The latest information from the satellite tags on our Sociable Lapwings puts Maysa and Tesfaye back in Kazakhstan at the breeding grounds, with Nikoo on the Aral Sea “coast”, in Uzbekistan (although she may be nowhere near water, as much of the Aral Sea has dried up). As we have not heard from Shirin since the 25th of March, it’s possible that now we only have three birds to track. Nikoo left Sudan on the 17th February and our latest signal is from the 6th of April, so she has travelled at least 4,490 km in 50 days, using a route we have not seen before in spring. Tesfaye covered over 2,500 km between the 3rd of March and 25th (22 days), and Maysa’s Amazing Journey took 23 days to cover 2,400 km. It looks like they are averaging about 100 km each day for the duration of their spring migrations back north.
While Maysa and Tesfaye were in Pakistan, Ahmad Kahn, our in-country contact, and his team set out to find the tagged birds and to survey areas where Sociable Lapwings have been recorded. Dadu in Sindh Province and Jafarabad in Balochistan were the focus, but other potential habitats in Sindh and Punjab Provinces were surveyed. Local communities in the visited area were consulted about occurrence of the birds to get some idea of historic changes.
Based on the geographic locations from Maysa and Tesfaye, field effort was concentrated on the border area between Sindh and Balochistan, near the Hamal lake along the Kirthar canal and its canal network. This location is crisscrossed by canals creating seepage areas that provide habitat to a number of wading birds. However, as observed and reported by the local community, Sociable Lapwing rarely use these seepage ponds. The area is saline and has no freshwater source. It remains under water for about ten months and rice is grown. When the ground dries, mustard and wheat are sown particularly in the fields on raised ground. The local community makes ponds that are filled from nearby canals. These small ponds are the source for drinking water of human as well as livestock population.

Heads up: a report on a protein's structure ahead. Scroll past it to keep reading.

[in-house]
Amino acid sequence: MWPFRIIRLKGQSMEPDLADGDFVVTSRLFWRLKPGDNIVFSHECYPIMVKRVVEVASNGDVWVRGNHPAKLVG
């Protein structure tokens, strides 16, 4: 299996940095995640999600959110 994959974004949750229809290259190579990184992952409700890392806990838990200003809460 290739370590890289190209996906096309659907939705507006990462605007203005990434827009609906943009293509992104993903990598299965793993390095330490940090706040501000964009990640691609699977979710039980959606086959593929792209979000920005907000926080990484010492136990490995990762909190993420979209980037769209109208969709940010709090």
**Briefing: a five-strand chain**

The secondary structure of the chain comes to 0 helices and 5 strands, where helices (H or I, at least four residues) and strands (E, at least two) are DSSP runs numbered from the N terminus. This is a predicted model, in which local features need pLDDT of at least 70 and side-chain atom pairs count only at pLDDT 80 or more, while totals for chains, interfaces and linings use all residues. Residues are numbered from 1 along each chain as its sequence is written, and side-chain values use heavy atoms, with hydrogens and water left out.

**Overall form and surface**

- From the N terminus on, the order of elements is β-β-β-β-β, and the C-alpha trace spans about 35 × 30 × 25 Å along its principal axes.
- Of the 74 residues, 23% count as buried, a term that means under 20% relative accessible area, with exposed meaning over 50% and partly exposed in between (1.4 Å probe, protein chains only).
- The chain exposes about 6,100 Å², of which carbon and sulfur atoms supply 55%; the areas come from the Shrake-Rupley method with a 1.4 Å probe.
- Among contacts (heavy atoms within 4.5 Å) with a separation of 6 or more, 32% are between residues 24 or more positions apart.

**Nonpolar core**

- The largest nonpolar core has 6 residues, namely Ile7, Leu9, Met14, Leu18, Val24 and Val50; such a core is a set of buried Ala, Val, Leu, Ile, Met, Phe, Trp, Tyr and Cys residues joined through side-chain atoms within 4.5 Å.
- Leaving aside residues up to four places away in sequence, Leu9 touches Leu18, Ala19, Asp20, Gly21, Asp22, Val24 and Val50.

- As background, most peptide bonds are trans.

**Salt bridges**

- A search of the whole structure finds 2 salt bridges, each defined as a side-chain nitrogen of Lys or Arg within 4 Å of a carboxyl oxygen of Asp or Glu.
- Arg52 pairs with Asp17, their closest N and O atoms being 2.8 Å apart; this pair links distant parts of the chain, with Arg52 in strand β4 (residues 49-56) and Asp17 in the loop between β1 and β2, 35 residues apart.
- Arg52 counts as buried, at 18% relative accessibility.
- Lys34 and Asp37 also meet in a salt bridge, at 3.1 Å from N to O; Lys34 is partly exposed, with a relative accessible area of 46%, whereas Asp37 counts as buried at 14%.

During the survey, a flock of 28 sociable lapwings was observed near Ahmedabad village in Jafarabad district. According to locals, the lapwing is a regular visitor to the area during winter, arriving in November and migrating back in March. However, they reported a sharp decline in numbers. Birds were said to prefer harvested rice paddies, ploughed fields and irrigated wheat fields. Sociable Lapwings like freshly ploughed land, where they can find insects, so taking advantage of this behaviour, the fieldworkers searched in ploughed fields and found the 28 birds. Other species recorded included cattle egret, pond heron, white-tailed lapwing, solitary snipe, avocet, black-winged stilt, greenshank, little-ringed plover, painted snipe, red-wattled lapwing, ringed dove, and jungle crow.
The primary cause for the decline in wintering population of sociable lapwing appears to be hunting – the human population has grown and expanded, and firearms are common. In the past hunting was not a common practice, but the trend has changed, and Sociable Lapwing meat is considered delicious. The local community does not know the importance of the species and so has never taken steps to protect it. There is no organization working on conservation of birds in this remote and undeveloped area.
A further six birds were found in irrigated wheat fields around Bahwalpur town, and local people say they use other areas when water if available. Three more birds were found a few kilometres from Dadu towards Jaffarabad district. No birds were found in various sites in Punjab.
With larger concentrations of birds wintering in Pakistan than previously estimated, and the new information that potentially a third of the global population use this eastern flyway, it becomes a priority to find ways to tackle the hunting of Sociable Lapwing in key areas.[Title photograph, Ahmad Kahn]